@@append This operator indicates the append operation. If you specify this operator for a setting in a tag policy attached to an object, the setting is appended to the tag policy inherited by the object. You can use this operator only when you specify multiple tag values for a tag key in a tag policy attached to an object.
    @@remove This operator indicates the remove operation. If you specify this operator for a setting in a tag policy attached to an object, the related setting is removed from the tag policy inherited by the object. You can use this operator only when you specify multiple tag values for a tag key in a tag policy attached to an object.
  • Child control operators

    Child control operators are advanced operators. You can use child control operators if you want to control which value-setting operators can be used in child policies. By default, all value-setting operators are allowed in child policies.

    Operator Description
    "@@operators_allowed_for_child_policies":["@@all"] If you specify this operator in a tag policy attached to a folder, you can use any value-setting operator in the policies attached to the subfolders of the folder and members in the folder. By default, if no child control operator is specified in a parent policy, all value-setting operators are allowed in child policies.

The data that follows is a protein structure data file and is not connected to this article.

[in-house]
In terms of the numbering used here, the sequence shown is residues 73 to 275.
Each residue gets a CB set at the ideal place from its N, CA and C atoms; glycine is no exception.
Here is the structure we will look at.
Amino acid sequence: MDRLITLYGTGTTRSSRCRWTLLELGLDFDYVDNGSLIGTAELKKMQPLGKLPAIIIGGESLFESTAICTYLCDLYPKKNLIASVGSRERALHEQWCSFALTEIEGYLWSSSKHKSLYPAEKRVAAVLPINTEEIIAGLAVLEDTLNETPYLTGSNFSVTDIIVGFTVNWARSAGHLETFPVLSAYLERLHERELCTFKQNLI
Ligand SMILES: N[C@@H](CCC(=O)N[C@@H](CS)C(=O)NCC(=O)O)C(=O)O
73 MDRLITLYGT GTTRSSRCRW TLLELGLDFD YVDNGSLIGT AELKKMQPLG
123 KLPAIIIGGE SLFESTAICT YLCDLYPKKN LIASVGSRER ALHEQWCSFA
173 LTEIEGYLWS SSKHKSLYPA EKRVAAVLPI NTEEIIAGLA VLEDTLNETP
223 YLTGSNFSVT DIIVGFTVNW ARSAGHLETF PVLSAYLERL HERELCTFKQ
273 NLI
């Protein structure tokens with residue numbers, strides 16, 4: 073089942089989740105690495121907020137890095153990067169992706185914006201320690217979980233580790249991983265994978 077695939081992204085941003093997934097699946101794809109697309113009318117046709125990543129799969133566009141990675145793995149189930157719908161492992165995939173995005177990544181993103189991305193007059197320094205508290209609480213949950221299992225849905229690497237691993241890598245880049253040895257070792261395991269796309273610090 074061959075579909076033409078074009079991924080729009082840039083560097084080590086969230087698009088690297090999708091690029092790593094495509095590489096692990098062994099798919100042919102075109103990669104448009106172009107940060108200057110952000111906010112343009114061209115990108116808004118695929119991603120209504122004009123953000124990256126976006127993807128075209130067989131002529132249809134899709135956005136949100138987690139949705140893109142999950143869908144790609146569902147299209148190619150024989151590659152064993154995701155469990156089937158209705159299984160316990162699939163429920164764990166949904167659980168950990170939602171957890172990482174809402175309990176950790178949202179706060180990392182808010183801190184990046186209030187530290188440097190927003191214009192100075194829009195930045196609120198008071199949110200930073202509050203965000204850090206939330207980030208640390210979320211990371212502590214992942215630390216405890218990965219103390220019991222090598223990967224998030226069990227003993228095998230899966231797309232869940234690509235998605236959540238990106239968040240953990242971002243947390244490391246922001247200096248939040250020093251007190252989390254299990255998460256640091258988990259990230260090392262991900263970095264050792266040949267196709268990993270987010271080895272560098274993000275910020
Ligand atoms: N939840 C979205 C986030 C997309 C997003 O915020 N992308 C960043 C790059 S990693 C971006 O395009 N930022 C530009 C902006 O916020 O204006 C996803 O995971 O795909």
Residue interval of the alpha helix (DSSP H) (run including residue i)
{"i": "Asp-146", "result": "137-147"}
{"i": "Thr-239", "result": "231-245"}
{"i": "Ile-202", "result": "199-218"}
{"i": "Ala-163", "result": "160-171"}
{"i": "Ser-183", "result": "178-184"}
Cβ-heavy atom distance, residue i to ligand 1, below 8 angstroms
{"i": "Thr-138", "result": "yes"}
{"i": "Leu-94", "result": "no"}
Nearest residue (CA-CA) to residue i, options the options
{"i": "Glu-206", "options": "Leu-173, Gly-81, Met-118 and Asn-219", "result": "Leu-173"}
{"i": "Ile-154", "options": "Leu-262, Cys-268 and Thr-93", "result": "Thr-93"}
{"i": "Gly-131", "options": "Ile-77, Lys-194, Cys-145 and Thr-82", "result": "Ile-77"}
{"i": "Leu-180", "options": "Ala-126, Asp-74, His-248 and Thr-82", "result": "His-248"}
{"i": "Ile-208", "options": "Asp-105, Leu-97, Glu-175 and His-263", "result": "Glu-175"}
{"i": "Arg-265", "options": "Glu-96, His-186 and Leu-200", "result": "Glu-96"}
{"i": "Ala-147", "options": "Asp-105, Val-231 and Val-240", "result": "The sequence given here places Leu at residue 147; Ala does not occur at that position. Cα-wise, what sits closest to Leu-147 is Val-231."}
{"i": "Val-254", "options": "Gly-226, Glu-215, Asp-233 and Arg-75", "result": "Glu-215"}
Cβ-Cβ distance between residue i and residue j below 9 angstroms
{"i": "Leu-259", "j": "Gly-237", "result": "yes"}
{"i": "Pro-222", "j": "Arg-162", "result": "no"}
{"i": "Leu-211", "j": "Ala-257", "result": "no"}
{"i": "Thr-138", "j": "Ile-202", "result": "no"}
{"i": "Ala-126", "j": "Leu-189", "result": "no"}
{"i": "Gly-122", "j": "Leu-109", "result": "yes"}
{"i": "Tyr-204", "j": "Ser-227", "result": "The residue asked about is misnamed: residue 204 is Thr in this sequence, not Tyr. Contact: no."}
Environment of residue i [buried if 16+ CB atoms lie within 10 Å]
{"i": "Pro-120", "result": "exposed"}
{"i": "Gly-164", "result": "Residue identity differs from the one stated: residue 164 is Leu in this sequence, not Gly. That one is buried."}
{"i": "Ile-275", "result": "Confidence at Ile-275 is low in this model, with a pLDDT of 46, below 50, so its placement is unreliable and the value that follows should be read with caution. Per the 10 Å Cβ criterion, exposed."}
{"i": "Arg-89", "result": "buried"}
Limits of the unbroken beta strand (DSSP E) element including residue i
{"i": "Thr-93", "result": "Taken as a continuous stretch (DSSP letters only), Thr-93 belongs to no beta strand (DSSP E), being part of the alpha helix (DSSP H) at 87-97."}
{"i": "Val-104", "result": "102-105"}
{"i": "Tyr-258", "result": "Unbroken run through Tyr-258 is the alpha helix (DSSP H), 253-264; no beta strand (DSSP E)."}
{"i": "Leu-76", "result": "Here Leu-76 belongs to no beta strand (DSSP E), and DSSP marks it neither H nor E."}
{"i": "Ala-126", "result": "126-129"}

"@@operators_allowed_for_child_policies":["@@assign" If you specify this operator in a tag policy attached to a folder, you can use the value-setting operator @@assign in the policies attached to the subfolders of the folder and members in the folder. You can specify one or more value-setting operators in this operator.
    "@@operators_allowed_for_child_policies":["@@none"] If you specify this operator in a tag policy attached to a folder, value-setting operators cannot be used in the policies attached to the subfolders of the folder and members in the folder. You can use this operator to lock the settings that are defined in a parent policy. This way, child policies do not take effect when you calculate an effective policy, and the parent policy is used as an effective policy.